Anyone who has ever gone SCUBA diving knows that the deeper one goes, the more complications could potentially arise. Equalizing to the pressure becomes more difficult, the temperature plummets, and the rise back to the surface must be undertaken slowly and with caution. Even the deepest sea divers don’t exceed a depth of 1,000 feet (and even if they did, being able to actually function down there would be another story), and people like me with a basic open-water diving certification are technically only supposed to dive about 60 feet below the surface. The new Exosuit is poised to change that.
Well, it won’t change my depth limit, sadly, but it will likely change the depths at which real deep-sea divers can function. The Exosuit is more than just a suit — it’s an “atmospheric diving system,” which makes it sound more Jacques Cousteau and less Wall Street. It was designed by Nuytco Research, an undersea technology developer in North Vancouver. Nuytco’s best known devices are the 2000-foot microsubmersibles, which are single- and double-pilot submarines used for surveying, construction, and deep-sea photography. Basically, they’re undersea pod racers.
Phil Nuytten, a deep sea explorer, founder, and President of Nuytco Research, and its sister company Can-Dive services, has, for over 40 years, worked on technology to increase the depth, length, and safety of underwater dives, and he was particularly instrumental in the development of the Exosuit’s rotary joint, which maintains flexibility and dexterity in the 600-pound aluminum alloy suit.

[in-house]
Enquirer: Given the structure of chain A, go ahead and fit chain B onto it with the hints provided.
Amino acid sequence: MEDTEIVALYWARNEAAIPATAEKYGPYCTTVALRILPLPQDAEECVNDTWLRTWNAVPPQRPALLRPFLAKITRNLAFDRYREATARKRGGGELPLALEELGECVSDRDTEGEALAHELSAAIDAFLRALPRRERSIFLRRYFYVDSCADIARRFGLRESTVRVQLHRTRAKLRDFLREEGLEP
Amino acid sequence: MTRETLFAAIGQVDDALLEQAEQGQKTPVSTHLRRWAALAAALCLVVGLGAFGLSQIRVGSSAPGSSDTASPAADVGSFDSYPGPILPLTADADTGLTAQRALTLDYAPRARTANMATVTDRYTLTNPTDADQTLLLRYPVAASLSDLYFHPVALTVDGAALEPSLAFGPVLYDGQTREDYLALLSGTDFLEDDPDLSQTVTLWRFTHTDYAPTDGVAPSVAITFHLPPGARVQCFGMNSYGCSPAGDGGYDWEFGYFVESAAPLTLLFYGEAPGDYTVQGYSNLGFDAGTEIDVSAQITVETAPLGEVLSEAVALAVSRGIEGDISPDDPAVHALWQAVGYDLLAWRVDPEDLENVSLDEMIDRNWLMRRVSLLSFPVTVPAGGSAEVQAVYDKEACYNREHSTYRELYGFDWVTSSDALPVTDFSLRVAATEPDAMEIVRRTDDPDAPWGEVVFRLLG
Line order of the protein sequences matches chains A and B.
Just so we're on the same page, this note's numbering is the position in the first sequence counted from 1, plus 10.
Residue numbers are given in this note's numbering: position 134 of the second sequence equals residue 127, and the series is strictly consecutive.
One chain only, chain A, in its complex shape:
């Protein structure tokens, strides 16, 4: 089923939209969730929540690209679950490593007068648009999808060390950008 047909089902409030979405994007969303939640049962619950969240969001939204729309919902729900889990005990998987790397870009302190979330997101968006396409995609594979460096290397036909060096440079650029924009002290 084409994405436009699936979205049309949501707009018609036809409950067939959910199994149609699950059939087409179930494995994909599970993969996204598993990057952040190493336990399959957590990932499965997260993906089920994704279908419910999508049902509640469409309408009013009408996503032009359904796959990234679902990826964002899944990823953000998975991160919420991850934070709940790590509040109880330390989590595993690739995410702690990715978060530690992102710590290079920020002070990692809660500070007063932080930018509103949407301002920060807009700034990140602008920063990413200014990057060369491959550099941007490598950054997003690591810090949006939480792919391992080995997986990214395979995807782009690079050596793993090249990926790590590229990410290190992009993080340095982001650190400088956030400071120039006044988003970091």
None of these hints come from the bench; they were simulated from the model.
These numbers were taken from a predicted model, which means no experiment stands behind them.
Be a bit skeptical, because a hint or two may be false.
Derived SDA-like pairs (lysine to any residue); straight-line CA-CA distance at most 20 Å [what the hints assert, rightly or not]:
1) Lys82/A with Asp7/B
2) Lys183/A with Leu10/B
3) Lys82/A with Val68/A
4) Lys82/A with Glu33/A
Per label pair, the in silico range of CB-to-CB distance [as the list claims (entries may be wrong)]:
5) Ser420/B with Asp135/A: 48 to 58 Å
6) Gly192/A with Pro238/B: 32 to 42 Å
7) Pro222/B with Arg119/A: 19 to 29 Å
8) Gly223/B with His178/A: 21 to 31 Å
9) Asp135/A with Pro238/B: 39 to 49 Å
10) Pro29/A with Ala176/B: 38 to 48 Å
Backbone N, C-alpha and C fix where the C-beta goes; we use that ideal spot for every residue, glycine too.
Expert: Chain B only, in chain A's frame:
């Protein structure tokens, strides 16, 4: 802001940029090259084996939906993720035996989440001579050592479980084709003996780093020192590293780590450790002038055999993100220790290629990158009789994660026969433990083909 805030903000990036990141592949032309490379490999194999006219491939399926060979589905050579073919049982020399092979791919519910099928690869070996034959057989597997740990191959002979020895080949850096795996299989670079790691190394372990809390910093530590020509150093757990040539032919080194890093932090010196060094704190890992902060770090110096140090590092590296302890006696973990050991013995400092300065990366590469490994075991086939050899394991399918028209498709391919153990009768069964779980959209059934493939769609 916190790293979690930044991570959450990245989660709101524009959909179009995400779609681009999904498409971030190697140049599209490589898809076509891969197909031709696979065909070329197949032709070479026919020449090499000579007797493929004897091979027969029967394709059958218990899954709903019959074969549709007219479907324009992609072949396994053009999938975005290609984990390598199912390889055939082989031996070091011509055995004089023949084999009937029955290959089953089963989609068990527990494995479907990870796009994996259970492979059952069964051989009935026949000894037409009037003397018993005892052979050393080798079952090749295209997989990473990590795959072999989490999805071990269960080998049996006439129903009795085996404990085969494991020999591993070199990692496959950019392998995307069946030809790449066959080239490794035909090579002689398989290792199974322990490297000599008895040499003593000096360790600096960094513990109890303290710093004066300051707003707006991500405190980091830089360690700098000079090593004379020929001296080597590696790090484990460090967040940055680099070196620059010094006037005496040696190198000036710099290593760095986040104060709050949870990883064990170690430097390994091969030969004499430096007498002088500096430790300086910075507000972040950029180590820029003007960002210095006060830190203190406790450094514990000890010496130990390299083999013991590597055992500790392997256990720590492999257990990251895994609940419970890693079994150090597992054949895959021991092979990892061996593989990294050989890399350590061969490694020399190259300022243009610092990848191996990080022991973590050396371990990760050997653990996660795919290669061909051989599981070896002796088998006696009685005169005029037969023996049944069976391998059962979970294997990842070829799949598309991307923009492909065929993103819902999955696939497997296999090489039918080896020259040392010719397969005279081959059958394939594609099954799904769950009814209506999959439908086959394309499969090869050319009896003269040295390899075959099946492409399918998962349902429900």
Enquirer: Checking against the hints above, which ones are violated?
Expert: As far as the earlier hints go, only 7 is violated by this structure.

The Exosuit can, like an airplane or a submarine, maintain surface-level cabin pressure as the wearer descends down to 1,000 feet. It features an oxygen system that can carry up to 50 hours of O2, as well as a 50-hour carbon dioxide scrubber, a back-up battery, and an atmospheric monitoring system. The suit has propulsion thrusters, Ethernet and fiber optic capabilities, audio in and out jacks, sonar, a lighting system, and audio and video recording devices. The Exosuit has a bendable and neutrally buoyant umbilical cord that delivers its power and stretches 1,250 feet. My 60-feet dives are starting to sound like child’s play.
Basically, the suit sounds like a diver’s own personal, body-shaped submarine, except that it allows for more up-close interaction with the deep-sea environment. Nuytco and Nuytten’s ultimate goal is to make continental shelf depths accessible to a full range of divers while preventing decompression sickness so humans can explore and protect the oceans.
The National Geographic Society is all over this project. “The concept of a new vehicle that allows a lengthy personal visit to depths within this [200 to 500-foot] Mesophotic zone, and beyond (without physiological limitations), is salivating,” says explorer Michael Lombardi.
Jacques Cousteau would be thrilled. And jealous. That makes two of us.